You may either set your Mac to stay awake for a given amount of time or configure it to stay awake when using a specific app.
Also Read: Siri Not Working On MacBook-Fixed
12. Control Center
We’d be remiss if we didn’t include the one that comes pre-installed on macOS in our list of menu bar apps. Control Center is the macOS analog of the same-named iOS feature, which debuted in macOS Big Sur in 2020. It sits unobtrusively in your menu bar, giving you access to a variety of controls.
This application allows you control over a number of ‘essentials,’ including Wi-Fi, Bluetooth, and Airdrop.
The brightness and volume settings, as well as media controls for any background content, can all modify from here. Finally, you can choose between Focus mode and Screen Mirroring. If you want, you can also add Accessibility Shortcuts.
This one may come preloaded, but it’s a feature you’ll find yourself utilizing more frequently than usual, owing to the fact that it has a plethora of helpful capabilities in one convenient area.
Your Mac’s menu bar will become congested as a result of all these apps, and Dozer is the app you should use to avoid this.
Dozer is a simple software that adds two dots to your menu bar, hiding whatever menu bar icon you drag and drop using the shortcut +click before the first dot, and allowing you to access these by clicking the second dot. That’s all there is to it.
14. Hand Mirror
Video calls are commonplace in today’s world. Video conferencing, whether through Zoom, FaceTime, or Skype, is a common occurrence in our professional and social life. We have all been in that circumstance where you need to join a video meeting. But your hair isn’t done or a plant in the background knocks over by the family dog.
This is where Hand Mirror comes in. It’s free to download on the Mac App Store(opens in a new tab) without the extra steps that many video-conferencing apps demand.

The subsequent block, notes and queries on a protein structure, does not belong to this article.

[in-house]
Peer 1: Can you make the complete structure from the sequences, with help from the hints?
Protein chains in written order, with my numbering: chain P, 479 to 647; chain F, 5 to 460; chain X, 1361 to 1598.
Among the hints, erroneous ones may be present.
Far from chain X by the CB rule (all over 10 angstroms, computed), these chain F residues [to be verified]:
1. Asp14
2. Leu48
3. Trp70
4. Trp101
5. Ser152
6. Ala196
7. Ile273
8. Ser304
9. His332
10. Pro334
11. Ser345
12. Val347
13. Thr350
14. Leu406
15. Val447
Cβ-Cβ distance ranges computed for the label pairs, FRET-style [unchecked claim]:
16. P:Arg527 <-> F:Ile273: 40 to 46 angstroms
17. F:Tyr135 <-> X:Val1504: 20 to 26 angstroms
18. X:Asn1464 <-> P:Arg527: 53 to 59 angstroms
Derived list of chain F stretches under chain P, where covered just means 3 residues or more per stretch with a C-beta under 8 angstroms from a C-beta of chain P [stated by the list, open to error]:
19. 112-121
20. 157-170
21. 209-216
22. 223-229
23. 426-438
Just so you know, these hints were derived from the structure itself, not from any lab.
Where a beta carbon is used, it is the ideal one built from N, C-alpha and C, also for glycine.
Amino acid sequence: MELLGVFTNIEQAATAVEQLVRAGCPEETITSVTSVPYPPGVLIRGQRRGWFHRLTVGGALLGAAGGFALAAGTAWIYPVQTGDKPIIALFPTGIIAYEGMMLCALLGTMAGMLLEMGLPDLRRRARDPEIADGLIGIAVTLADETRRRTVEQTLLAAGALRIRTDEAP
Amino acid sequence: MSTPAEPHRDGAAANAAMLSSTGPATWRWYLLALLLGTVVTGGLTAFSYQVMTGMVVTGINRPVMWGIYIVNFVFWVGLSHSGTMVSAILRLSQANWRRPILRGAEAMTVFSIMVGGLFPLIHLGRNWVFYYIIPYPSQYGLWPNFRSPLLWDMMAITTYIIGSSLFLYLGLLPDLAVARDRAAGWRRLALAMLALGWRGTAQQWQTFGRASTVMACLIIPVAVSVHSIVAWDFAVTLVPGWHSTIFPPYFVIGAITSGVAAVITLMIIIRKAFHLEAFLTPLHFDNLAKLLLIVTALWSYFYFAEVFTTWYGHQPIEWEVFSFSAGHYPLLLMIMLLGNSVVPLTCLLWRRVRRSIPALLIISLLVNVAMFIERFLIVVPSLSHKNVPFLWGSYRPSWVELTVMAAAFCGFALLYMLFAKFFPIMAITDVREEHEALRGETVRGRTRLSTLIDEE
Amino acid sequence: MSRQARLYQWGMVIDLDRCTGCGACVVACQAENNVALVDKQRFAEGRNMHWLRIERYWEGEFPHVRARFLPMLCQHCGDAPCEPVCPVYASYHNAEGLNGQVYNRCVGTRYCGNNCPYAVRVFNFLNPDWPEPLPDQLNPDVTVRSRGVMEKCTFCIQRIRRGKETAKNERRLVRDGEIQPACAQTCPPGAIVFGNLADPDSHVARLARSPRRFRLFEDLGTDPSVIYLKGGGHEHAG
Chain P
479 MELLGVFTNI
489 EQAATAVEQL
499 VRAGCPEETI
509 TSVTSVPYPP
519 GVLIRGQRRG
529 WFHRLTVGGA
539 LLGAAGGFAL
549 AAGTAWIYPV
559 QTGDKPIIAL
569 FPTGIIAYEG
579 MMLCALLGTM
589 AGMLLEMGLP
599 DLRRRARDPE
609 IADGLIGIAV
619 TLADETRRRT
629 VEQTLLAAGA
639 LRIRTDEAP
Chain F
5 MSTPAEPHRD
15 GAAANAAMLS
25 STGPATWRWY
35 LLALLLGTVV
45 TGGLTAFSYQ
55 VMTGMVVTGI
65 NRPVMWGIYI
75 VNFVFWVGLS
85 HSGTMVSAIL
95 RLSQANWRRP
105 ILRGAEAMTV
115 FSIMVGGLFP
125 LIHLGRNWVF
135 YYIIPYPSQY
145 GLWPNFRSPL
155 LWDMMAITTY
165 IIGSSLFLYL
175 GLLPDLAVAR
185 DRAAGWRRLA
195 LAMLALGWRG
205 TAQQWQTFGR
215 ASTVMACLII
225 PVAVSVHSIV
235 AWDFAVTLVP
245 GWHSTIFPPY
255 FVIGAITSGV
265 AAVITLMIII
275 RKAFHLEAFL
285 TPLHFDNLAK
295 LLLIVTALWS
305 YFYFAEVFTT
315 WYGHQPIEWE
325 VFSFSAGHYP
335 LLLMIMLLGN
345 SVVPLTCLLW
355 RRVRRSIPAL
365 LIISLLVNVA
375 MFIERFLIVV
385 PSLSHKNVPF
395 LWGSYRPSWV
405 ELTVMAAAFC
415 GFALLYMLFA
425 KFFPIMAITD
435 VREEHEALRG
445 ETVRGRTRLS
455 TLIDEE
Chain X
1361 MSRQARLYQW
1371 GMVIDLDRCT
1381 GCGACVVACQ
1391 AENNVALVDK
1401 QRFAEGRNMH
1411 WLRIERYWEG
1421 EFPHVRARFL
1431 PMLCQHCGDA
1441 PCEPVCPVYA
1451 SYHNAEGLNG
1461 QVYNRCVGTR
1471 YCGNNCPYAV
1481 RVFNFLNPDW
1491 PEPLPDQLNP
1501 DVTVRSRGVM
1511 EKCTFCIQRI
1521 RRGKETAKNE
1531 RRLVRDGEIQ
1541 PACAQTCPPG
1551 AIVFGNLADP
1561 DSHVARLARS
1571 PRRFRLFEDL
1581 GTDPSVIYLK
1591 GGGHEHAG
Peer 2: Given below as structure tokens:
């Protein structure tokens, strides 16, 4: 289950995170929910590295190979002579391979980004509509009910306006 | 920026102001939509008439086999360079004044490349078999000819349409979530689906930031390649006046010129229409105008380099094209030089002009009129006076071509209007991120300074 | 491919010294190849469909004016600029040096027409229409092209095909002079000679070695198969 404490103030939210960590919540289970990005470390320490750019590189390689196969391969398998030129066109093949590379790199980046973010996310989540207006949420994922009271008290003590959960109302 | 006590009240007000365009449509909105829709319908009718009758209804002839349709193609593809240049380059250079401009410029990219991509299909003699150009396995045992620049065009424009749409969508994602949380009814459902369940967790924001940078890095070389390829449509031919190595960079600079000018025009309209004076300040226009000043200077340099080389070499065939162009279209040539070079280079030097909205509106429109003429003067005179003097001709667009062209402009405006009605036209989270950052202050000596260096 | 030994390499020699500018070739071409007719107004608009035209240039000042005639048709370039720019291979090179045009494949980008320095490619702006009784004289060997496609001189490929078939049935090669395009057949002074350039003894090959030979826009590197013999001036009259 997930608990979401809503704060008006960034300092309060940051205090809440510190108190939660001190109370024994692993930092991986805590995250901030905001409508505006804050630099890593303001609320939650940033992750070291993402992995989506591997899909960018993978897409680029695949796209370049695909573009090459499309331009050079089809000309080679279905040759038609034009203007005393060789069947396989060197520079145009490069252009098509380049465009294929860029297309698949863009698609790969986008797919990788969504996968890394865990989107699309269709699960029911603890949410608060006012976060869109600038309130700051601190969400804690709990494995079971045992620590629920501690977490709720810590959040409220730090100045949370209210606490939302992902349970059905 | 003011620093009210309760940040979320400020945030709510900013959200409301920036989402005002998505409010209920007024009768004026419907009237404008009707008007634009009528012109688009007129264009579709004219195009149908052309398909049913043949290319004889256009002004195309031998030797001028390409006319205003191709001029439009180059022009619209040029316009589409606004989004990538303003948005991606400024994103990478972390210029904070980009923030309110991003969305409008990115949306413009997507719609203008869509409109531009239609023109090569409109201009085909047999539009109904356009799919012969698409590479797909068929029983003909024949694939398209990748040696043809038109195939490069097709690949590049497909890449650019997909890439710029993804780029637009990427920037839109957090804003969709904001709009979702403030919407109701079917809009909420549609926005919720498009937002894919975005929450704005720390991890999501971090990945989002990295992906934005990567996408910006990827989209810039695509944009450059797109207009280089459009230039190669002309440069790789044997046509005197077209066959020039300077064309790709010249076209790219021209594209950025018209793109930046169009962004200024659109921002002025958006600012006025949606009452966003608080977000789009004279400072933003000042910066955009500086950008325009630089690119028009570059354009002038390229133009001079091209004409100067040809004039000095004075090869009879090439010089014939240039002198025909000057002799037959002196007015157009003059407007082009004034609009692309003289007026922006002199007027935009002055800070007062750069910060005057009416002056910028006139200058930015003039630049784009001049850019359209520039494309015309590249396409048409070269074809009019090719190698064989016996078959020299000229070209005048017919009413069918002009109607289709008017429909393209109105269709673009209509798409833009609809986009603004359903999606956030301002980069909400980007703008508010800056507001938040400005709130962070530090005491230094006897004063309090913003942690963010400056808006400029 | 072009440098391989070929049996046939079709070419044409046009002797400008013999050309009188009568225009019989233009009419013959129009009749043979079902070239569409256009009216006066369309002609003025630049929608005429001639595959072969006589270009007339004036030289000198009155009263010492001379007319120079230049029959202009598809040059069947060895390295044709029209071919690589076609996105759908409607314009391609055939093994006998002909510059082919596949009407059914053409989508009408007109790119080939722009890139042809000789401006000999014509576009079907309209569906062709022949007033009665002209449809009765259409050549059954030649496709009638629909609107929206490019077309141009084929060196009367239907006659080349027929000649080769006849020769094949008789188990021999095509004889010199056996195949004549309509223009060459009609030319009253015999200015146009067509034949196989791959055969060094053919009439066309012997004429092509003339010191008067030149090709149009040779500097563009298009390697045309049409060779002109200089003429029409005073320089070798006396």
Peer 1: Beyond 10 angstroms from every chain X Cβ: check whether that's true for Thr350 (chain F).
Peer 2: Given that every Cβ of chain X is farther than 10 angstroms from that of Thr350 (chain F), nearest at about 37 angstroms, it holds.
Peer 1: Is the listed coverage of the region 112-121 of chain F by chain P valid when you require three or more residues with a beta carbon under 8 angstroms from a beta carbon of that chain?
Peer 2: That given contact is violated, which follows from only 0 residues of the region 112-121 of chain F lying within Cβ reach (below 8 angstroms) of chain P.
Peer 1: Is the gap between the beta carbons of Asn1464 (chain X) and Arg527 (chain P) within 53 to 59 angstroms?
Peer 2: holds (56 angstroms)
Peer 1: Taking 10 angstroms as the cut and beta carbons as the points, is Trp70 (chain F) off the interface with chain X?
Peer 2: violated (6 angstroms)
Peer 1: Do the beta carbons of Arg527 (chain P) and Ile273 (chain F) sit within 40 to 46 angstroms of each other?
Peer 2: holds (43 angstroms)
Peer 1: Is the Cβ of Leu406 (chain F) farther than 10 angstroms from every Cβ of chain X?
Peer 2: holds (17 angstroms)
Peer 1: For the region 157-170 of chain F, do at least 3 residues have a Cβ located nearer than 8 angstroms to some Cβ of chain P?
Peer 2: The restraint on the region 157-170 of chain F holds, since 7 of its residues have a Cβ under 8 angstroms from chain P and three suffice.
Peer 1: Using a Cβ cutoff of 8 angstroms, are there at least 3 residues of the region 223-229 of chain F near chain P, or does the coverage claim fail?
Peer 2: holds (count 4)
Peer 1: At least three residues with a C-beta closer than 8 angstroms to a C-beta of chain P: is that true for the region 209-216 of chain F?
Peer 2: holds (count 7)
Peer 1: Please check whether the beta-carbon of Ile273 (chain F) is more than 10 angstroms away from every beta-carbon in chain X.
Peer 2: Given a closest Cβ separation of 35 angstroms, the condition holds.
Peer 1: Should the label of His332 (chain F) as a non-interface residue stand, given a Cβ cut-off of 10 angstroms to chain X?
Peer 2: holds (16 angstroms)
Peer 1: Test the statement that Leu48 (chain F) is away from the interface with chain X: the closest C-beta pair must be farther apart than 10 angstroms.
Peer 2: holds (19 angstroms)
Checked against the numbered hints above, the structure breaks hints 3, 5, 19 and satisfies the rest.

It’s a simple software that doesn’t do much else but that, but it accomplishes what it sets out to do. Before joining that call, you may double-check that you and your surroundings are set up correctly with just one click.
MenuMeters is software that displays precise information on your Mac’s CPU, RAM, Hard Drive, and Network usage.
This is how You can check for these facts immediately. Go to your Menu bar. You can also change the data you want to see. For example, update intervals, and the color palette for your Menu bar icons.
If you utilize an external display with your Mac, MonitorControl will come in helpful. Instead of struggling to utilize the physical buttons on the monitor. You can use the free program that lets you set the brightness and contrast preferences of your external monitor. It does this by using a slider-based UI from the menu bar.
LG, Acer, Samsung, and Dell are among the most common Monitor brands that support the app
You’ve probably noticed how much you can accomplish with your Mac’s menu bar after reading this list. This is due to macOS’s single, global menu bar, which changes context depending on the running application.